Saved by Cricket and brothers’ love, by Esther Njenga

Saved by Cricket and brothers’ love, by Esther Njenga

FGM Projects

Nancy is a bubbly, kind and intelligent girl who just last year successfully completed high school. Getting to this landmark stage of her life is nothing but a journey of courage and sacrifice not only for her but also for her two brothers who have stood by her through her trying times.

Now you ask what is Nancy’s story? Here we go! Nancy is a Maasai girl; a community that still holds the ritual of FGM as an integral part of their culture and one that defines one’s recognition as a Maasai woman.  At the age of 12 while still in primary school she was supposed to undergo FGM which would have meant the discontinuance of her education and early marriage.

But here come her two brothers Benjamin and Daniel, avid cricket players with the Maasai Cricket Warriors (MCW), a cricket team whose popularity is swiftly growing throughout Kenya and the Cricket world; and who have used their growing popularity to campaign against FGM within their community. Benjamin and Daniel had learnt about the harm caused by FGM, and knew that once cut a girl’s education would end, and she would often be married off immediately. The two brothers were determined to spare their sister Nancy from that life.

In a courageous move, the two brothers approached their parents,  teaching and showing them all they had learned about FGM and its negative consequences. They went further to involve their MCW team members and together they petitioned their community elders spreading the message against FGM and encouraging the education of the girls within their community. This was an incredibly brave step for the MCW to take, as in Maasai culture, young people do not question or speak out against their parents and elders. Their efforts were not met without resistance. For Benjamin, Daniel and Nancy they had to contend with family strife. As for the MCW team members, they were viewed as trying to do away with valuable traditions and corrupting the youth of their community. It took persistence for the team to convince the elders and community at large to abandon the practice and support the continued education of their girls. Nevertheless, they succeeded in what seemed like an odious task.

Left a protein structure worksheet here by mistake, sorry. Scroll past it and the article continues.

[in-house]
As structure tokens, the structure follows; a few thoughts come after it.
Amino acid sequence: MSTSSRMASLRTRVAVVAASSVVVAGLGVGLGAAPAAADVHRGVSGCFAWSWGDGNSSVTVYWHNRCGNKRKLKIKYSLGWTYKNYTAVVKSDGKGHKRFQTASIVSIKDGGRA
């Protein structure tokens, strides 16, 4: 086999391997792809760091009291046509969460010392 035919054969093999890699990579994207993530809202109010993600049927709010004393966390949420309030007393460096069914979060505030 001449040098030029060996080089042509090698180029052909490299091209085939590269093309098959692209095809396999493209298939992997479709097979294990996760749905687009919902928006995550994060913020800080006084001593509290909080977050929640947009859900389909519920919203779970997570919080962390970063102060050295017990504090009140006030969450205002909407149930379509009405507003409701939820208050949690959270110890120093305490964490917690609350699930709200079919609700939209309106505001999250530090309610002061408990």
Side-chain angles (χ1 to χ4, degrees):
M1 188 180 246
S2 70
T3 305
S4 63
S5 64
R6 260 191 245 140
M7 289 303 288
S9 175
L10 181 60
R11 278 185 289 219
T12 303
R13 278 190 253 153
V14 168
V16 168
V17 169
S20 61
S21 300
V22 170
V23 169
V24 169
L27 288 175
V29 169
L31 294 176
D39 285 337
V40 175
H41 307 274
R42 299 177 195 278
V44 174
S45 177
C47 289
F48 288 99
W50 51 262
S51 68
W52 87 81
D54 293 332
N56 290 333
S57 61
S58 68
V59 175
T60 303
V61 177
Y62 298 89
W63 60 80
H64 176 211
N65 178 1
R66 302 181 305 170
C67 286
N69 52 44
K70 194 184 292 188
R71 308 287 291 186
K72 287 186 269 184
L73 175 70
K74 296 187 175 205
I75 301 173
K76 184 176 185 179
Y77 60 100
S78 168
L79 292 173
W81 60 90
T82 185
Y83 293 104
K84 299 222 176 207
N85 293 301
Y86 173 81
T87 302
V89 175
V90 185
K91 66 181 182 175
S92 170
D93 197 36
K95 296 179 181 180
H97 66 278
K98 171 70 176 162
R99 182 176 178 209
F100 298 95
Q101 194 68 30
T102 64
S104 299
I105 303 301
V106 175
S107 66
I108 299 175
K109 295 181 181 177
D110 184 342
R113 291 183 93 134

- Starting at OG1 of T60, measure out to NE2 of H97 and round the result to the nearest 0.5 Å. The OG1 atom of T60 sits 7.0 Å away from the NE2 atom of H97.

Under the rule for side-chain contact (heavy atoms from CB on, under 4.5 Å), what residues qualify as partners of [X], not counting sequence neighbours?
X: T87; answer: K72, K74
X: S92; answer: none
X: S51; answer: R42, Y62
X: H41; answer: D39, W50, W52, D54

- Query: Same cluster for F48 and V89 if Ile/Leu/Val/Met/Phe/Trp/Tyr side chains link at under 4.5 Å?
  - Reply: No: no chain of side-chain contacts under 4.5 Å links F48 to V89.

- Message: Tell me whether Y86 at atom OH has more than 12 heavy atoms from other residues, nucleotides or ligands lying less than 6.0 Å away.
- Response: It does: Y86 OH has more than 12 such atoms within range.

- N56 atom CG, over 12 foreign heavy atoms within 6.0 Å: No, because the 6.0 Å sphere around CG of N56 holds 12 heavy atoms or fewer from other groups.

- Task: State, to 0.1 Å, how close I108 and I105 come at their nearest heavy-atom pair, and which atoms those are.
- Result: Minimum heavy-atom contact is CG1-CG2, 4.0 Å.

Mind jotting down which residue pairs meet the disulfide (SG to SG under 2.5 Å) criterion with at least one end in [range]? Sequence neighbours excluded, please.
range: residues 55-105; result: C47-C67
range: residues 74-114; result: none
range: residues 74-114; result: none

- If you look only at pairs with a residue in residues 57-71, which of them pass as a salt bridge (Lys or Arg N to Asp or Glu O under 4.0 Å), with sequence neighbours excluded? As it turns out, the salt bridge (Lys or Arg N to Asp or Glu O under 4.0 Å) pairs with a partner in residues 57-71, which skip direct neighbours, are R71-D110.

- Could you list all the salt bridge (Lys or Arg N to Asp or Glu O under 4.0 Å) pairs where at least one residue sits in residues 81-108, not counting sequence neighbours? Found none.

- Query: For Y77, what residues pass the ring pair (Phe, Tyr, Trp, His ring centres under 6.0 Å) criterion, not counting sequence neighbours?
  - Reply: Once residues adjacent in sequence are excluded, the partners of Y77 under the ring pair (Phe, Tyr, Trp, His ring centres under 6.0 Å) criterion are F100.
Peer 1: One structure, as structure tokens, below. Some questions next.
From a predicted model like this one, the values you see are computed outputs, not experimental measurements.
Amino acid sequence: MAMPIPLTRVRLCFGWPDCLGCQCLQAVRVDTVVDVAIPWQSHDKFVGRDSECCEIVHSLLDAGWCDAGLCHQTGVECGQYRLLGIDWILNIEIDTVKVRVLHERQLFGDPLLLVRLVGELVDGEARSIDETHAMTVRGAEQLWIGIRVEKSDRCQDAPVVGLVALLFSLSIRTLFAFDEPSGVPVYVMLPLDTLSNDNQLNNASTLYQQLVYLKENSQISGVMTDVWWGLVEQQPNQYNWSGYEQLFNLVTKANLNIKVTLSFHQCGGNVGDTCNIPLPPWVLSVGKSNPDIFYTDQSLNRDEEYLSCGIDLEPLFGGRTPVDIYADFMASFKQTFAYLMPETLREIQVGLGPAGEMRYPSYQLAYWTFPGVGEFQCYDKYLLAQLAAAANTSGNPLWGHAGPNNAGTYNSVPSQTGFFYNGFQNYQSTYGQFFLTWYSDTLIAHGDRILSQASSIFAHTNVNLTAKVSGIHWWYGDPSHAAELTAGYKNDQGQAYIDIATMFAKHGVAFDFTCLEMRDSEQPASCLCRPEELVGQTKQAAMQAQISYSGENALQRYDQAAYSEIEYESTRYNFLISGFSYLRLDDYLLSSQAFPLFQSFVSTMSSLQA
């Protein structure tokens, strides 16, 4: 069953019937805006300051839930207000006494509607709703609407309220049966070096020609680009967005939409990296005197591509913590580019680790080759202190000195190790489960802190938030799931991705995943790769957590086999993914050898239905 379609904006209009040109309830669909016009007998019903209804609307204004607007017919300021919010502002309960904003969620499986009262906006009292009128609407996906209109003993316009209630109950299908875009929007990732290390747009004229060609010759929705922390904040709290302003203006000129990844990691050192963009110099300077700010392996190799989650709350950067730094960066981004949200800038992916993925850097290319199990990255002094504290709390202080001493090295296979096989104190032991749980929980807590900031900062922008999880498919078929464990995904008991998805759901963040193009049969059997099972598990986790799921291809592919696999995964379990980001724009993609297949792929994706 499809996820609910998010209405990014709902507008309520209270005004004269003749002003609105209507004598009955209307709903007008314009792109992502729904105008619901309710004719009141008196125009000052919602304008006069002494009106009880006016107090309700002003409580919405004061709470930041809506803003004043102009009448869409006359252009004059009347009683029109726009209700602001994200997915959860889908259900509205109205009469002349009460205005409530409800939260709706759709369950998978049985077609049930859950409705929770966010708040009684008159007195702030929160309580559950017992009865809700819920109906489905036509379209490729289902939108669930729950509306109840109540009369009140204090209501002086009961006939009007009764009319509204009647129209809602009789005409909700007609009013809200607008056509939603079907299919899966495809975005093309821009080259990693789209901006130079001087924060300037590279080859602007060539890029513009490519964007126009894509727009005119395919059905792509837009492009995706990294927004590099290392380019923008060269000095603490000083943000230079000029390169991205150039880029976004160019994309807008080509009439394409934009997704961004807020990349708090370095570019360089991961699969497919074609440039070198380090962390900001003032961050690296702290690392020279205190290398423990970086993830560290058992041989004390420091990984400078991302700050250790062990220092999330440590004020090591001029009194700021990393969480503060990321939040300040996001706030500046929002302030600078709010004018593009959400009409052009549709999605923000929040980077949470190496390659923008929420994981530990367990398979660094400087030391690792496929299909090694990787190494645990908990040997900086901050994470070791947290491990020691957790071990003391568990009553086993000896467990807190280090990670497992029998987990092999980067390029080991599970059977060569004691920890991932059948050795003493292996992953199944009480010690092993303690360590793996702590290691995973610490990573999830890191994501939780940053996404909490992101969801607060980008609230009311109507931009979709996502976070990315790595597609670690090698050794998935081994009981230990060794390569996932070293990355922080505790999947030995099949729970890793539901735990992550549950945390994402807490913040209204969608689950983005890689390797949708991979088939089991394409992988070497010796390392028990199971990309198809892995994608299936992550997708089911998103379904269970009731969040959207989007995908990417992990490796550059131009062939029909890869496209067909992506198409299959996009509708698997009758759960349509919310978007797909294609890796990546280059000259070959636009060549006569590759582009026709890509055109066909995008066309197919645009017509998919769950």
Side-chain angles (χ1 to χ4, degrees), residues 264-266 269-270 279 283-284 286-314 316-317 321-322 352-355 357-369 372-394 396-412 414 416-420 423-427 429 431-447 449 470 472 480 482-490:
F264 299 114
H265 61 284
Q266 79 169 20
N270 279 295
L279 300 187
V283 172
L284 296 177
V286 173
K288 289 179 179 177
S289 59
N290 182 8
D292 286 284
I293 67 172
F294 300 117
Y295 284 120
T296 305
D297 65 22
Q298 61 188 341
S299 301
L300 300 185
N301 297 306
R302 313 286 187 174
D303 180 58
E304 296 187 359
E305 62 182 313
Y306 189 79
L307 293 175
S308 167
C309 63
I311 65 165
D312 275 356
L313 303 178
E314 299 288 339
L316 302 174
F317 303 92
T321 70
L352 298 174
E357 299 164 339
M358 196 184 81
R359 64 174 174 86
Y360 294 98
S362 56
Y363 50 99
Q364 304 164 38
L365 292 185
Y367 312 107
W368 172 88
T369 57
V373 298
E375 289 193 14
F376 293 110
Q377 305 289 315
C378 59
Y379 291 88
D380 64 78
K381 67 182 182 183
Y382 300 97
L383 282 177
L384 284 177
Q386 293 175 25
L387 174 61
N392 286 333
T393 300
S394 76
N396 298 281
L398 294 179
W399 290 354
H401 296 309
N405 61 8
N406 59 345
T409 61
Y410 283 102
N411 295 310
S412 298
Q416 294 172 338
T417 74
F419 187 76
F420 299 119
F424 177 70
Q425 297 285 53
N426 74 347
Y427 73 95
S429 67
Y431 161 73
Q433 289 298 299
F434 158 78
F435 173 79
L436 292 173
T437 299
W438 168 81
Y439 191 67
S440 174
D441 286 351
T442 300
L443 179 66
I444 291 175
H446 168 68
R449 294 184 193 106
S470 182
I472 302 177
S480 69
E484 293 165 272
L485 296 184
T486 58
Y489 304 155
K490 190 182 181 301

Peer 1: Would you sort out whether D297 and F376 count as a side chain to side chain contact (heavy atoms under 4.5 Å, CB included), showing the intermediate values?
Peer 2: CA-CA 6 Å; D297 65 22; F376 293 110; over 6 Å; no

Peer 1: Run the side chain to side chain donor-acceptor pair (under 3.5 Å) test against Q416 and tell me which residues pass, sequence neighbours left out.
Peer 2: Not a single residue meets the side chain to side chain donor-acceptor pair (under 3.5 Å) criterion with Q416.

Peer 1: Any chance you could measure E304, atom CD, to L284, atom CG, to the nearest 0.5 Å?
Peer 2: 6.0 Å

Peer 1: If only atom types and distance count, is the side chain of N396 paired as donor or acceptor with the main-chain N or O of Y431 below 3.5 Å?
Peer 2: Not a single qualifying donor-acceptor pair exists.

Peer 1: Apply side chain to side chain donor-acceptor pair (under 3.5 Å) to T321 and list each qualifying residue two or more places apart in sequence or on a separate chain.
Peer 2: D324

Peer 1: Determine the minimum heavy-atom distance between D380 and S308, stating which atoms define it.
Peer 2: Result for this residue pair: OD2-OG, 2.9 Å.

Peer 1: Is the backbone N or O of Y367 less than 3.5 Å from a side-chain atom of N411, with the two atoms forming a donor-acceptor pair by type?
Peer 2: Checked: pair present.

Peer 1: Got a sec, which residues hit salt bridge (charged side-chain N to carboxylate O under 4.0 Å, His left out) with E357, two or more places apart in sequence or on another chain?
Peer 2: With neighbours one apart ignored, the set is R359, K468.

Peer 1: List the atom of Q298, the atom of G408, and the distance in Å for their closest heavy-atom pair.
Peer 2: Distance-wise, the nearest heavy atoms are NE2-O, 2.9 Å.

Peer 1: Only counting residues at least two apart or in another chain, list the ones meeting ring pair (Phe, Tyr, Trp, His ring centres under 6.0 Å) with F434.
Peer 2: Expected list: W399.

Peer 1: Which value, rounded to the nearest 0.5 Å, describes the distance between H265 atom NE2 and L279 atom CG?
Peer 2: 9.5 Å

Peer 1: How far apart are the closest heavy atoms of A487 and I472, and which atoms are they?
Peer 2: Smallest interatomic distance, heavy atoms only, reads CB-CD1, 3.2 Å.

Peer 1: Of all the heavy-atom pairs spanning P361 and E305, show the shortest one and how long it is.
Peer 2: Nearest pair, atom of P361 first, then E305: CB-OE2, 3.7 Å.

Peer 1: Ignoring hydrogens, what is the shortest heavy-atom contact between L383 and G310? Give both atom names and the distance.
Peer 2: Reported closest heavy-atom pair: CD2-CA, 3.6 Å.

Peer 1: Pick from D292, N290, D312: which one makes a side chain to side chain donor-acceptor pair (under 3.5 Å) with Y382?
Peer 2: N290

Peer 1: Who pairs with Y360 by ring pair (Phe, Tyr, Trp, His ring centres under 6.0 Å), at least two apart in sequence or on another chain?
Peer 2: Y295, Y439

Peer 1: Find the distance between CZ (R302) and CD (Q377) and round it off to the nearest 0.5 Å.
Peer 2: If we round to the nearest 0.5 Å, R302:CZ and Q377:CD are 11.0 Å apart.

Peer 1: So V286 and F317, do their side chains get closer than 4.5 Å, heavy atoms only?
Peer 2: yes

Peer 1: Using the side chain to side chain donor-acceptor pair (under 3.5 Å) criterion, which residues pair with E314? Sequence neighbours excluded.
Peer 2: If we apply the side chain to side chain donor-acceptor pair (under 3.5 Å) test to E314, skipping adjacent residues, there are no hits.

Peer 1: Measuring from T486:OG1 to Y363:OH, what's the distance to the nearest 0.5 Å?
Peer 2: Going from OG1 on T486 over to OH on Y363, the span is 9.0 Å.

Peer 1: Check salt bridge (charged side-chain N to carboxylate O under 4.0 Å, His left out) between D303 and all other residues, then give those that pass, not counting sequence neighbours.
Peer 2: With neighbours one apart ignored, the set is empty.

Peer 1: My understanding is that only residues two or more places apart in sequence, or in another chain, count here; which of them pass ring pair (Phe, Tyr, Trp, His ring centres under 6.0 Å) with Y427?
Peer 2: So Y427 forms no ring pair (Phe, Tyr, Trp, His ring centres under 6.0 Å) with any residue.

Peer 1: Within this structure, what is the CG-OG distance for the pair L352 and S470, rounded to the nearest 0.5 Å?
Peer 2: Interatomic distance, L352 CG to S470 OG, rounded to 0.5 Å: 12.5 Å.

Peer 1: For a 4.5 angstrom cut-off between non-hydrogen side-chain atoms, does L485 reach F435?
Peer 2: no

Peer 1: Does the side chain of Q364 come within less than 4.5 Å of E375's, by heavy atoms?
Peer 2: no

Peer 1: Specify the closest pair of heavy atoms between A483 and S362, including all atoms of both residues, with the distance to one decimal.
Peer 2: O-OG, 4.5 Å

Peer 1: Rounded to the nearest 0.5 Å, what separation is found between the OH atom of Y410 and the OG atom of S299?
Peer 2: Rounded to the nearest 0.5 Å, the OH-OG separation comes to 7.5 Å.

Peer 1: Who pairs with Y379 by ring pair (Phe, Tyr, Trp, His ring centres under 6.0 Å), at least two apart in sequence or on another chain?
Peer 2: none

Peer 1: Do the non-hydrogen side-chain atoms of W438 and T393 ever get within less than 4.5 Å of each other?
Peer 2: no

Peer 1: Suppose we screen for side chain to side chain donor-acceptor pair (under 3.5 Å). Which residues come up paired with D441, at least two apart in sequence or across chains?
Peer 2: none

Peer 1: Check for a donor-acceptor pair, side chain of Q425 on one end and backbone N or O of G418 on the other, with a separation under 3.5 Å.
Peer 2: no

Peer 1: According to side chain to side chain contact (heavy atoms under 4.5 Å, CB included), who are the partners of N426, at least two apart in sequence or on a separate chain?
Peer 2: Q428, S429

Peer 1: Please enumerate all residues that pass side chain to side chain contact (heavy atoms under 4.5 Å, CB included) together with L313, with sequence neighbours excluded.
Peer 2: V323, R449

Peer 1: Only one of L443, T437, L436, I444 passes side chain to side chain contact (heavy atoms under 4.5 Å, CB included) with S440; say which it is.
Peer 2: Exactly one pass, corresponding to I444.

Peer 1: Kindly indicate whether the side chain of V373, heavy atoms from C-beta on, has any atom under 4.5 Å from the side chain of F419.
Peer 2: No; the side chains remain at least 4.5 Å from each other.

Needless to say after the uphill task, Nancy did not undergo FGM and was able to finish primary school and join Daraja Academy in Laikipia for her secondary education. She met like-minded girls who all have similar stories of resisting FGM and/or Early Marriage. In the safe haven that is Daraja Academy, they have become the face of campaigning against FGM and Child Marriage in their various communities. The courage shown by the two brothers and Nancy has meant that their younger sisters have not undergone FGM and continue with their education. The trickle-down effect has meant that the sisters and other female family members of the MCW team members have not undergone FGM.  With the support of the elders taking a stand to stop FGM within their community, community members are embracing the message not just to stop FGM but with an understanding of why it needs to stop.

Nancy’s is but one positive story; one that brings out the importance and effectiveness of the youth speaking out on issues that affect them. A story that points to the efficacy of involving our communities at large in the discourse on issues of culture and human rights where these two collide. Nancy wants to become a doctor as she continues to be a role model to younger girls in her community, inspiring them to speak out against FGM and continue their education.  This is a story that reminds us that change is possible.

 

Together we can #EndFGM

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